Also, look into ordering some type of Streptomyces lydicus product (like Actinovate). I use a Bacillus subtilis recipe (from a Russian lab...not because I think that it is better, but because I can't acquire a S. lydicus product here...but both are very beneficial microbes to have for a number of reasons. They are both anti-fungal bacteria...And can be used foliar or as a soil/media/substrate/system inoculant. Both are fish safe. However they are to be used either pre-emptively, or after a sterilization event (which still counts as "round two"  preemptive)...

While your surfing or when you have the time you might want to consider looking into an integrated pest management program (IPM)...using soaps and whatnot is fine, but it seems much better to use those sorts of things as "a last resort" type of thing (or second to last resort really). I've been having really good success with a number of different Spinosad A and Spinosad D products I've been using. Spinosad is a bacterial based insecticide that will not harm your fish and is really forgiving on non-target species. Predatory mites are really good to have around, and lady bug larva are free and easy to cultivate...and are eating machines

Bio-diversity really is one of the (major) strengths of these various bio-ponic systems (AP falls into that category). The more beneficial organisms (microbes and all) we cultivate, the less problems we encounter. But they need to be cultivated in the true sense of the word because most pathogens (and many pests) are quite aggressive and will out breed and out compete our nitrifiers for resources and living space. So we can't forever rely on just N. sonoma and N. spira or bacter to keep things running smoothly at all times, during all seasons. There does appear to be sort of a grace period of about a year or two when a system is new, where they will do the trick...but that grace period invariably comes to an end...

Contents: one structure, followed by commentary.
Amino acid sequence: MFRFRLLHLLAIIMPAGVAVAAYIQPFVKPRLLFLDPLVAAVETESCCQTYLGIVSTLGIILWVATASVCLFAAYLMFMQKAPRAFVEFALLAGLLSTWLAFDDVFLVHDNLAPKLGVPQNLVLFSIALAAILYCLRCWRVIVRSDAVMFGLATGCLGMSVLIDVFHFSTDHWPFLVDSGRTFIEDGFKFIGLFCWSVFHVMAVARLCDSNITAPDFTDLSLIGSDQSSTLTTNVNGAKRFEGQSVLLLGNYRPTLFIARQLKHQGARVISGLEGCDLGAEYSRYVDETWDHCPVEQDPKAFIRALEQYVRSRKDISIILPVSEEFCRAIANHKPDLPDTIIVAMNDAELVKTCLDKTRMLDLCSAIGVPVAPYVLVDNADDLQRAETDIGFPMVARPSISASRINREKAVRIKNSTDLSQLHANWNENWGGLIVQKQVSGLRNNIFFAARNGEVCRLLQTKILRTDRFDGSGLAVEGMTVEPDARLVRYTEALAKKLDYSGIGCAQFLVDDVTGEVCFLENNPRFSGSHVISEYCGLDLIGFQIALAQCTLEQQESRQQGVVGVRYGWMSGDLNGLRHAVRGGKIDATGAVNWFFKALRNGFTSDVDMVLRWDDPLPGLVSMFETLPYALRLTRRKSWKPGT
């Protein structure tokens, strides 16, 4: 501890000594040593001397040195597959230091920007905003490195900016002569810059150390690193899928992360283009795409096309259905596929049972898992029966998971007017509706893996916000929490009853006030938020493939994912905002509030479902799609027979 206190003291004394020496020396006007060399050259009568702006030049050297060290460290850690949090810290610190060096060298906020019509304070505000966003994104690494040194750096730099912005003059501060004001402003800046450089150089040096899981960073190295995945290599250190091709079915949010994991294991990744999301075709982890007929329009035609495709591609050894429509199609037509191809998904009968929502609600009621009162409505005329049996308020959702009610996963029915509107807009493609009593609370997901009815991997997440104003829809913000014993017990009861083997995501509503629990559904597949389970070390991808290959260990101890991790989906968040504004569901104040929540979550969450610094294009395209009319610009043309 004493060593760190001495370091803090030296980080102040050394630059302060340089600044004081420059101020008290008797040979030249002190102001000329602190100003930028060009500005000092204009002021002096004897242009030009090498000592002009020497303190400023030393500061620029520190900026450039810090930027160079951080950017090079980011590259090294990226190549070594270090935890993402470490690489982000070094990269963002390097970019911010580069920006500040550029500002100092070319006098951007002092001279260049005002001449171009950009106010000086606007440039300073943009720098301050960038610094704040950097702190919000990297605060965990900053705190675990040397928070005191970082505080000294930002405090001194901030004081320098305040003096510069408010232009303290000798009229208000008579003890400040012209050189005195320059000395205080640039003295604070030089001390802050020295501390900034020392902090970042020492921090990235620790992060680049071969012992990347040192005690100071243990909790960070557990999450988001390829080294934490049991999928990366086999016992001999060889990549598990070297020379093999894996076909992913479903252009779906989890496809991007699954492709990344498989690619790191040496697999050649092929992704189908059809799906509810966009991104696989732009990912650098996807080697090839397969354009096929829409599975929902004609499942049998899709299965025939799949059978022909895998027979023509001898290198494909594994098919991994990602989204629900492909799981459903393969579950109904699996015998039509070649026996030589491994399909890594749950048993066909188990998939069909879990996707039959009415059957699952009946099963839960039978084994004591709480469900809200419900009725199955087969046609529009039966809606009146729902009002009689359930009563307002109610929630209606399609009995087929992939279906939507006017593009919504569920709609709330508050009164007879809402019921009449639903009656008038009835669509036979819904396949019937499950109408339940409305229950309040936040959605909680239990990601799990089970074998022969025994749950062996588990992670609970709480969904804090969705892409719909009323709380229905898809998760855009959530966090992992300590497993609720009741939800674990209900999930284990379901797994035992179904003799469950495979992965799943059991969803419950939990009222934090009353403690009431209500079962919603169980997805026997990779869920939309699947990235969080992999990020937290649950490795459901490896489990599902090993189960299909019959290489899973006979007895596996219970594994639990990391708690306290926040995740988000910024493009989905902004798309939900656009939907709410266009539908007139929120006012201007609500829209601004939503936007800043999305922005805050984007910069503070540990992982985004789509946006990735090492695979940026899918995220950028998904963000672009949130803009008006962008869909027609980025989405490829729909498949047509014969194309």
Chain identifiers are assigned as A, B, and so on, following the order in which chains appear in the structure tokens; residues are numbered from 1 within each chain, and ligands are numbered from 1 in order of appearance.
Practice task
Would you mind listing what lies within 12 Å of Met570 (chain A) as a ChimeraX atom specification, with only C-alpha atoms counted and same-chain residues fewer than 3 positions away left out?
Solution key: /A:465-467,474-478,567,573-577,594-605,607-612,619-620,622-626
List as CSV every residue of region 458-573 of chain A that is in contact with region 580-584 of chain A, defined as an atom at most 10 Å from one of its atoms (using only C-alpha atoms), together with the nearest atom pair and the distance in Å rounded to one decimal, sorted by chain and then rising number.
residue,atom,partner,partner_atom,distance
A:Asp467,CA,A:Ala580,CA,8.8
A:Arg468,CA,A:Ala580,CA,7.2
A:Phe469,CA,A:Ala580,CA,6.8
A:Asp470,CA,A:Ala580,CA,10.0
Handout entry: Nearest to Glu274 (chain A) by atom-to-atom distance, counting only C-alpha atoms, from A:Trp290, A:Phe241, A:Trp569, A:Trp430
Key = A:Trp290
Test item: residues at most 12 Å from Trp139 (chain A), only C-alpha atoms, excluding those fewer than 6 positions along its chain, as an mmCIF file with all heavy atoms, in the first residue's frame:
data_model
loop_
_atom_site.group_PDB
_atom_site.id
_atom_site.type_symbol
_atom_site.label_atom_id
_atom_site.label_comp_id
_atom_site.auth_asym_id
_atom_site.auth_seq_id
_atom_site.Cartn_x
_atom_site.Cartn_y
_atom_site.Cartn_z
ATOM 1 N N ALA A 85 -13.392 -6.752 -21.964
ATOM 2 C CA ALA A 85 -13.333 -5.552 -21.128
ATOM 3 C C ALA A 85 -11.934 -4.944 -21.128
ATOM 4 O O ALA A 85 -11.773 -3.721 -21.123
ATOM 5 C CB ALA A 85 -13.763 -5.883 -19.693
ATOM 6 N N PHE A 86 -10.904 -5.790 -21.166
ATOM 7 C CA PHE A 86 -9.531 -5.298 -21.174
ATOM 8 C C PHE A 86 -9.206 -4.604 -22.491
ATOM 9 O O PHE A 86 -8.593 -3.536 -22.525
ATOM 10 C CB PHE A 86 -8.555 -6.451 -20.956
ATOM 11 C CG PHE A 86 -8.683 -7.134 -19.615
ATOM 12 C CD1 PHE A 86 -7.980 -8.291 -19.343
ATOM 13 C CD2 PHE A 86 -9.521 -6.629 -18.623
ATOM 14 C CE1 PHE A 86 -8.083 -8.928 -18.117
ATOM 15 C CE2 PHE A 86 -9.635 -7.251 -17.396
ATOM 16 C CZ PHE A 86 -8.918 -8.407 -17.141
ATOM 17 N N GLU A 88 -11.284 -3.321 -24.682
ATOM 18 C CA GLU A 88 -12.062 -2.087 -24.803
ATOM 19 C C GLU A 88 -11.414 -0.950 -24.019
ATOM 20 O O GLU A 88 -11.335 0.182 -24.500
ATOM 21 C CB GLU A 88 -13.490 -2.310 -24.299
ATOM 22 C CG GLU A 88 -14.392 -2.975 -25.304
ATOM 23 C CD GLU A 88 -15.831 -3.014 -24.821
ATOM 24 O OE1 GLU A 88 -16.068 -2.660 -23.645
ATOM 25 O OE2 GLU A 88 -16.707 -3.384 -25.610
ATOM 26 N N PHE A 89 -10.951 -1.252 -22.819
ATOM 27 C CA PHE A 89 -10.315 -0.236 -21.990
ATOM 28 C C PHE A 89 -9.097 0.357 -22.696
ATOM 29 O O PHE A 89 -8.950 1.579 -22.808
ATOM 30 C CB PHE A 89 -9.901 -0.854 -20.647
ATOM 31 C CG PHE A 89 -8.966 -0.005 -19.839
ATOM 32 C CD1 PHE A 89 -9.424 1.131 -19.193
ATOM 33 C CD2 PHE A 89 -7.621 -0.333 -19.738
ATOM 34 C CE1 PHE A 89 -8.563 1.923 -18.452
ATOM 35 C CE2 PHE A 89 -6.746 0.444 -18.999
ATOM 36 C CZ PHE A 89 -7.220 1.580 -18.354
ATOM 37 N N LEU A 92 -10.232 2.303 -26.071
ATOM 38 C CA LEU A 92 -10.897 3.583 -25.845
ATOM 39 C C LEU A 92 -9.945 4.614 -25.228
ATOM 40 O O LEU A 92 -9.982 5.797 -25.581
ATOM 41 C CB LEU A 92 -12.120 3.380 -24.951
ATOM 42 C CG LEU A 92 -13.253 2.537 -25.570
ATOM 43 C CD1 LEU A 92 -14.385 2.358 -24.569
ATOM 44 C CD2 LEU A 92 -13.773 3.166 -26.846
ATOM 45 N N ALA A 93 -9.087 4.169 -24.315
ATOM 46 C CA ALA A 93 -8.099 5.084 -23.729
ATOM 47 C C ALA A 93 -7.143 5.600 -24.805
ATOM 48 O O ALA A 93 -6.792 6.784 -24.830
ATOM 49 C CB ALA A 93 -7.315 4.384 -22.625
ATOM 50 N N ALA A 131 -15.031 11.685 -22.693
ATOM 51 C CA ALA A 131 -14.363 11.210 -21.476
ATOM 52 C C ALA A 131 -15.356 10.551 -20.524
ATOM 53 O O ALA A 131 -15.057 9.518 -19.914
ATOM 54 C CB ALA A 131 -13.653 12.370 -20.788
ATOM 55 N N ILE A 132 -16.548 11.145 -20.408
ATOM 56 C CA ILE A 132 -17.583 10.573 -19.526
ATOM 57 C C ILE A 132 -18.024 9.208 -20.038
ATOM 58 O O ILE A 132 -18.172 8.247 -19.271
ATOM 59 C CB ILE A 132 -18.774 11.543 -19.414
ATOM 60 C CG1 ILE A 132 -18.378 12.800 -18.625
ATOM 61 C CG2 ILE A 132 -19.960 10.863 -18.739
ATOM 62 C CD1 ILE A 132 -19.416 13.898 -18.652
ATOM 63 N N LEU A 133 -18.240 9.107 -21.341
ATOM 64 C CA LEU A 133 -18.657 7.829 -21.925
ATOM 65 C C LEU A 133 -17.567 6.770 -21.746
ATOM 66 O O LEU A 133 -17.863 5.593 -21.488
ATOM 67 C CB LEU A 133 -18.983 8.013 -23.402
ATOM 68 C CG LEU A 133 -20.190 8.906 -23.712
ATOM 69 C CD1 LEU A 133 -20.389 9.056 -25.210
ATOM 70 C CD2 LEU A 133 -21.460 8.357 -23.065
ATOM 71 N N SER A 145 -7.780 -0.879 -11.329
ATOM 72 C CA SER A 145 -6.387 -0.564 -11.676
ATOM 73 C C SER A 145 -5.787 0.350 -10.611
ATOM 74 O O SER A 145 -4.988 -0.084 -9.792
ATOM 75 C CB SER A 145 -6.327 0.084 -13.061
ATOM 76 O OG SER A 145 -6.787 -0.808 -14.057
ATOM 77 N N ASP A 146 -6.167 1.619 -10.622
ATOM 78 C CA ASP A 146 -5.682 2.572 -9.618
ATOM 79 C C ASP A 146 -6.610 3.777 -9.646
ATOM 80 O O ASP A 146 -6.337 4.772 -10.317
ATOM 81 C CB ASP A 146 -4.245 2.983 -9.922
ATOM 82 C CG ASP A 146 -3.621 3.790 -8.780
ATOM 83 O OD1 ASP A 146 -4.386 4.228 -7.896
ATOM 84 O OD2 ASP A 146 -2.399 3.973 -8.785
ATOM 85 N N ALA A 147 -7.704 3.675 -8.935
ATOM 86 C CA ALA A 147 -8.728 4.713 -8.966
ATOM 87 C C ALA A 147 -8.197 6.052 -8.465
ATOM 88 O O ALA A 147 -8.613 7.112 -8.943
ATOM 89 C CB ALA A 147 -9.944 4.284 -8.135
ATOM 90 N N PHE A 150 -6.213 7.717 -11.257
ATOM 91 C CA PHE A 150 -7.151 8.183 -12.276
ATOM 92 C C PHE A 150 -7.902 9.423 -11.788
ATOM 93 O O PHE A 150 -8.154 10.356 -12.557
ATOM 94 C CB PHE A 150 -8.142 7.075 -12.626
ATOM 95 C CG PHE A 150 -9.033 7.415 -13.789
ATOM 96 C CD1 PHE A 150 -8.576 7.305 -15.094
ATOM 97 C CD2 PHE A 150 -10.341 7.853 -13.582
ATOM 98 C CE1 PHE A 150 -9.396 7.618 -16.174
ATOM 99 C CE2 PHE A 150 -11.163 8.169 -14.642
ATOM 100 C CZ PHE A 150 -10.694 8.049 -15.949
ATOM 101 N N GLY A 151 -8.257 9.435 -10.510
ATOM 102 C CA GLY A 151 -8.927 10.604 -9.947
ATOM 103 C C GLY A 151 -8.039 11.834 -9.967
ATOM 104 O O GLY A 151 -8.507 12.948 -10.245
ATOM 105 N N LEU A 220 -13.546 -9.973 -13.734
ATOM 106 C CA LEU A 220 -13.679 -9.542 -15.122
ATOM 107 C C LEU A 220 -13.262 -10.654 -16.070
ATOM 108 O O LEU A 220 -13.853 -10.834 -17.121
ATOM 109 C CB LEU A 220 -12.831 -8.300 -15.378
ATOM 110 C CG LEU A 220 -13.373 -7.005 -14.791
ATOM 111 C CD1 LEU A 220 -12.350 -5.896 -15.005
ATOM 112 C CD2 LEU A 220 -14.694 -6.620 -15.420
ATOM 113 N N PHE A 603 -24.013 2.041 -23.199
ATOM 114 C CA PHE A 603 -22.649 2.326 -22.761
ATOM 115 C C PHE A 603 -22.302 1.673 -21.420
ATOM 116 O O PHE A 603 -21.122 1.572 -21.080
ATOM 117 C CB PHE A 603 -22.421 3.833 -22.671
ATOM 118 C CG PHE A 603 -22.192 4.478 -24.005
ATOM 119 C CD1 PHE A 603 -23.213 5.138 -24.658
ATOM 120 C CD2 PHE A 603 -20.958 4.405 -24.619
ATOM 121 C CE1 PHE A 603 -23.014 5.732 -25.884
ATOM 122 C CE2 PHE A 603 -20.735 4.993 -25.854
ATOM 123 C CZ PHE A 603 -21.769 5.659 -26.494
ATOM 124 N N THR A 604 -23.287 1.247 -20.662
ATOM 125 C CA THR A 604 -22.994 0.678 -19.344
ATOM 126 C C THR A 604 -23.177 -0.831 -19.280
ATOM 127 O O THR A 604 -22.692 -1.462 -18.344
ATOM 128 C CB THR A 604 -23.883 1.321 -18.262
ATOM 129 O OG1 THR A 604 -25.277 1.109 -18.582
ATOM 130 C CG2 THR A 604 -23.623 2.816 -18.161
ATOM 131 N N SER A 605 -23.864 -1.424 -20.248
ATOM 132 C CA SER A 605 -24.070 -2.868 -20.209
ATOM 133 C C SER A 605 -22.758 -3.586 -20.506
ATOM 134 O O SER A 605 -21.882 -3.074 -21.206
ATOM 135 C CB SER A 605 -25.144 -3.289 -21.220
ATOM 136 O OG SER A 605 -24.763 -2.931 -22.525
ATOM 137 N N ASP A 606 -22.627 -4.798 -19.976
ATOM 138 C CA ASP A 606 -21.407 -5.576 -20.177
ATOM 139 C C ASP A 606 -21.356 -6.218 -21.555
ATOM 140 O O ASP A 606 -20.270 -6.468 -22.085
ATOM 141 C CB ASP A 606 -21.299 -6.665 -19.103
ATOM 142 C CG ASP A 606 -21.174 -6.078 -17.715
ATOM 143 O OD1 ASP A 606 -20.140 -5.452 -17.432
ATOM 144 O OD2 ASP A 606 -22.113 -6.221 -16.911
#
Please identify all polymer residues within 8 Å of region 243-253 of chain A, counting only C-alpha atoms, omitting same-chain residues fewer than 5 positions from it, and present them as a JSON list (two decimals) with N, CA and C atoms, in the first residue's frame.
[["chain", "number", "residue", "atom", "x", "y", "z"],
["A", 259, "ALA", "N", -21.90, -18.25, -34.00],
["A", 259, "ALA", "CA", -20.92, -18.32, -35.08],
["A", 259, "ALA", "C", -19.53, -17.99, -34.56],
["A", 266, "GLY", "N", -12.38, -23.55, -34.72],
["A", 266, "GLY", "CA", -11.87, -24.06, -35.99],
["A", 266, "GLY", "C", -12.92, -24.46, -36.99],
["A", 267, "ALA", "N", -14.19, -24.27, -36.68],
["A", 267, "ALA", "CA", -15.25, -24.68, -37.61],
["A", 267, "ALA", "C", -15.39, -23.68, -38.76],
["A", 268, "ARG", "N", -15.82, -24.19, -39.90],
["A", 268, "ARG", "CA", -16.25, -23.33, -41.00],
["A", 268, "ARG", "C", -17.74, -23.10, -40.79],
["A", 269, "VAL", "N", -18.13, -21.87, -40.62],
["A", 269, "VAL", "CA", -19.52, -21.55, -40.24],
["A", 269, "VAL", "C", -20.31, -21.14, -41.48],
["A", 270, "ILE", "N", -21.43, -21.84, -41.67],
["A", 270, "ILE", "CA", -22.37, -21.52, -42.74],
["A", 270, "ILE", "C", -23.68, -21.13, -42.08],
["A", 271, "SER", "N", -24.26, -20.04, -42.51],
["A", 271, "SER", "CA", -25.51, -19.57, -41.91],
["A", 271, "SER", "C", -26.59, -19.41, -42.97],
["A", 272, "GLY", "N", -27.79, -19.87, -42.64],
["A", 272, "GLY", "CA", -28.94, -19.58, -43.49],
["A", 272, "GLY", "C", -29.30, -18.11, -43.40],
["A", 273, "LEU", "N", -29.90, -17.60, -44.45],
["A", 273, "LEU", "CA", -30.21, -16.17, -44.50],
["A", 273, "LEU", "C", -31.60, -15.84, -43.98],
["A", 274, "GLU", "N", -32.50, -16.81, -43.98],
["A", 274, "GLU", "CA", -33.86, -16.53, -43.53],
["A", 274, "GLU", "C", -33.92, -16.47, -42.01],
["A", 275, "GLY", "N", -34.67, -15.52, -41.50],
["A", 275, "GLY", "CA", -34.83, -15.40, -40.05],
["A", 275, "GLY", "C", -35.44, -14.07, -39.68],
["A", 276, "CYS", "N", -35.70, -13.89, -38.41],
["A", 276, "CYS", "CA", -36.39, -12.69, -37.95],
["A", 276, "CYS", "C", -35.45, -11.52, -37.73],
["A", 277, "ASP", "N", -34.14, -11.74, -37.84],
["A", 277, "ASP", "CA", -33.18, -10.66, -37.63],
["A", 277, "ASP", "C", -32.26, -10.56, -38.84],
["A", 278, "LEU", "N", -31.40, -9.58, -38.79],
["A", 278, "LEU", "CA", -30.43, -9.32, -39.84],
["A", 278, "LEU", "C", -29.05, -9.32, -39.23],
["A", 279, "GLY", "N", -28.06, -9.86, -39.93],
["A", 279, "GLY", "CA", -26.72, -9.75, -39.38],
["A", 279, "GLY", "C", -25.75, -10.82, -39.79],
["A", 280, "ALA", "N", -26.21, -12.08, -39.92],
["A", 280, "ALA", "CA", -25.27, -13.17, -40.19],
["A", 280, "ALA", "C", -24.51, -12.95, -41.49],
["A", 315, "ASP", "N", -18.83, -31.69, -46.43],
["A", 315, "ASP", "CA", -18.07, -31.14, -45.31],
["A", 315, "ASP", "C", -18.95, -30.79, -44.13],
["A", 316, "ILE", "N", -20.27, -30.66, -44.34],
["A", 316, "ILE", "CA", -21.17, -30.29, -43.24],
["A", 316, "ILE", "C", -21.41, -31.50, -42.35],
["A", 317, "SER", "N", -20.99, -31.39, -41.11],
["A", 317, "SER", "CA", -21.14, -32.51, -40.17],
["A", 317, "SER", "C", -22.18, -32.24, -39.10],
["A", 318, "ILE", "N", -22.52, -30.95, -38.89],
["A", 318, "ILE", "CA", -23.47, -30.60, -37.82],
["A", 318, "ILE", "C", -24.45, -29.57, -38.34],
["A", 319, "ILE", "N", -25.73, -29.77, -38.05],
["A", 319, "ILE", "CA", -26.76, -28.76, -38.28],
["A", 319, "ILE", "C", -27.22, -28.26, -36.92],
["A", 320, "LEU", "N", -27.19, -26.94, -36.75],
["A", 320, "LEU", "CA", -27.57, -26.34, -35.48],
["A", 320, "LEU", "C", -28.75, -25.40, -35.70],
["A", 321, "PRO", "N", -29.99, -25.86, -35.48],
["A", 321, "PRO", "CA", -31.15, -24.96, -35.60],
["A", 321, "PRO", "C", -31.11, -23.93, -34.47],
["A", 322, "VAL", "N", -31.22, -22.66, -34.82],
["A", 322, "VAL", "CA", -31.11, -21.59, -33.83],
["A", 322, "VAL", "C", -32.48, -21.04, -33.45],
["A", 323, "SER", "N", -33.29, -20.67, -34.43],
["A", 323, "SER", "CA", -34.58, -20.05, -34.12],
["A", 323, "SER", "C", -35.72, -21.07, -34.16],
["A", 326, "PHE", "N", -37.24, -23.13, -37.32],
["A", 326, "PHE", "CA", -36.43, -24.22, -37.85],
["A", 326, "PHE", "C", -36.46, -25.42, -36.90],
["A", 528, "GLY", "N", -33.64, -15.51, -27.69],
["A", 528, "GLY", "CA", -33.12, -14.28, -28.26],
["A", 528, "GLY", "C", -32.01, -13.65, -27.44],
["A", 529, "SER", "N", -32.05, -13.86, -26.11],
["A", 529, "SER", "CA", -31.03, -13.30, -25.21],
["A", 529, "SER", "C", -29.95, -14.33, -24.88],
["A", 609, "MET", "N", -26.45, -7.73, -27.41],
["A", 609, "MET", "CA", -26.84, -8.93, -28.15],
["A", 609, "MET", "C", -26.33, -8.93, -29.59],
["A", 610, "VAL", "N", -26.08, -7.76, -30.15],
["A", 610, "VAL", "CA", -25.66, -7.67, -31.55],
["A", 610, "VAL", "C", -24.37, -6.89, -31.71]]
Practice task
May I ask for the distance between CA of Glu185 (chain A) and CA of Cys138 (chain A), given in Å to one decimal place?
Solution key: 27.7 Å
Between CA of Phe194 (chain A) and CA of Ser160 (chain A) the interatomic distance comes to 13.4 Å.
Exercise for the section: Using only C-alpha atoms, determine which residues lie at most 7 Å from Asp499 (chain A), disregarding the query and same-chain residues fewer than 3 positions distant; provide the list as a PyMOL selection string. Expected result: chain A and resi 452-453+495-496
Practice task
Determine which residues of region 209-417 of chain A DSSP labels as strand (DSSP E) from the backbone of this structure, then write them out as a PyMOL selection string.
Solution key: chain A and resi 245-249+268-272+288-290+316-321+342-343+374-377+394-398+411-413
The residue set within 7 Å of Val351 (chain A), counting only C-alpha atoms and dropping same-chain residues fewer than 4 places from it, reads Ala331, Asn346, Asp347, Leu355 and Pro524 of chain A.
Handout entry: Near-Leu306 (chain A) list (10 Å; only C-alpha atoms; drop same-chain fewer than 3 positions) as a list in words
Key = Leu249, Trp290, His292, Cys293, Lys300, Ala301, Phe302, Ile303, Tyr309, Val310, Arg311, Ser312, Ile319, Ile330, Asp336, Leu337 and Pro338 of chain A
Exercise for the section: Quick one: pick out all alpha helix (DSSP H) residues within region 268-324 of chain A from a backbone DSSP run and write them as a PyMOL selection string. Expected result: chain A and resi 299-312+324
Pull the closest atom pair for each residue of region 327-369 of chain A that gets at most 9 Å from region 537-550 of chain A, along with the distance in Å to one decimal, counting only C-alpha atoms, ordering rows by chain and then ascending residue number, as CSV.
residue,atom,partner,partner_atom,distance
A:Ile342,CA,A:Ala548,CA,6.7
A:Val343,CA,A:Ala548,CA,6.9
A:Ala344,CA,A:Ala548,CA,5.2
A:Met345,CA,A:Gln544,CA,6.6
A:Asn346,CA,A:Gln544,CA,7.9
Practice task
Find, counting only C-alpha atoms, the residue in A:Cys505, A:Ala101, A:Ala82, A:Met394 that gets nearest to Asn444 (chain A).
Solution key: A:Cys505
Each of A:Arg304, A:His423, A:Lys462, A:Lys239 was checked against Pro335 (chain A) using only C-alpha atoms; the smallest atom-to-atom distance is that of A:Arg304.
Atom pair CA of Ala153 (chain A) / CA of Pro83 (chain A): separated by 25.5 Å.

Thanks for the system description (hehe... good call on the micron filter, I bet that keeps things nice and free of fines in the Crop-King) sounds like a pretty nifty set up 

Gotta run...



Benjamin Frimmer said:

Yikes!  So you are thinking that this isn't a nutrient thing then?  This is more scary than I thought.

I have definitely seen thrips, so you're certainly on the money there, but we spray weekly with OMRI 2% insecticidal soap so not sure if this is still a problem.  I hope they're not spreading disease before the weekly genocide!  Our cold frame is open to the air, so we have all the typical farm bugs - good ones and bad.  

So brief description of the system:

300 plant site Crop-King NFT system (128 sq ft) retrofitted for Aquaponic 

100 gallon clean sump tank (Fish tank to biofilter to sump)

4-5 sq ft biofilter with combo of lava and river rocks (12 inches deep with no plants, just biofilter) sits underneath channels and has autosiphon - I think capacity is 30 gallons - floods and drains completely every 10 minutes

110 gallon fish tank with 4 Koi fish that total about 4 pounds.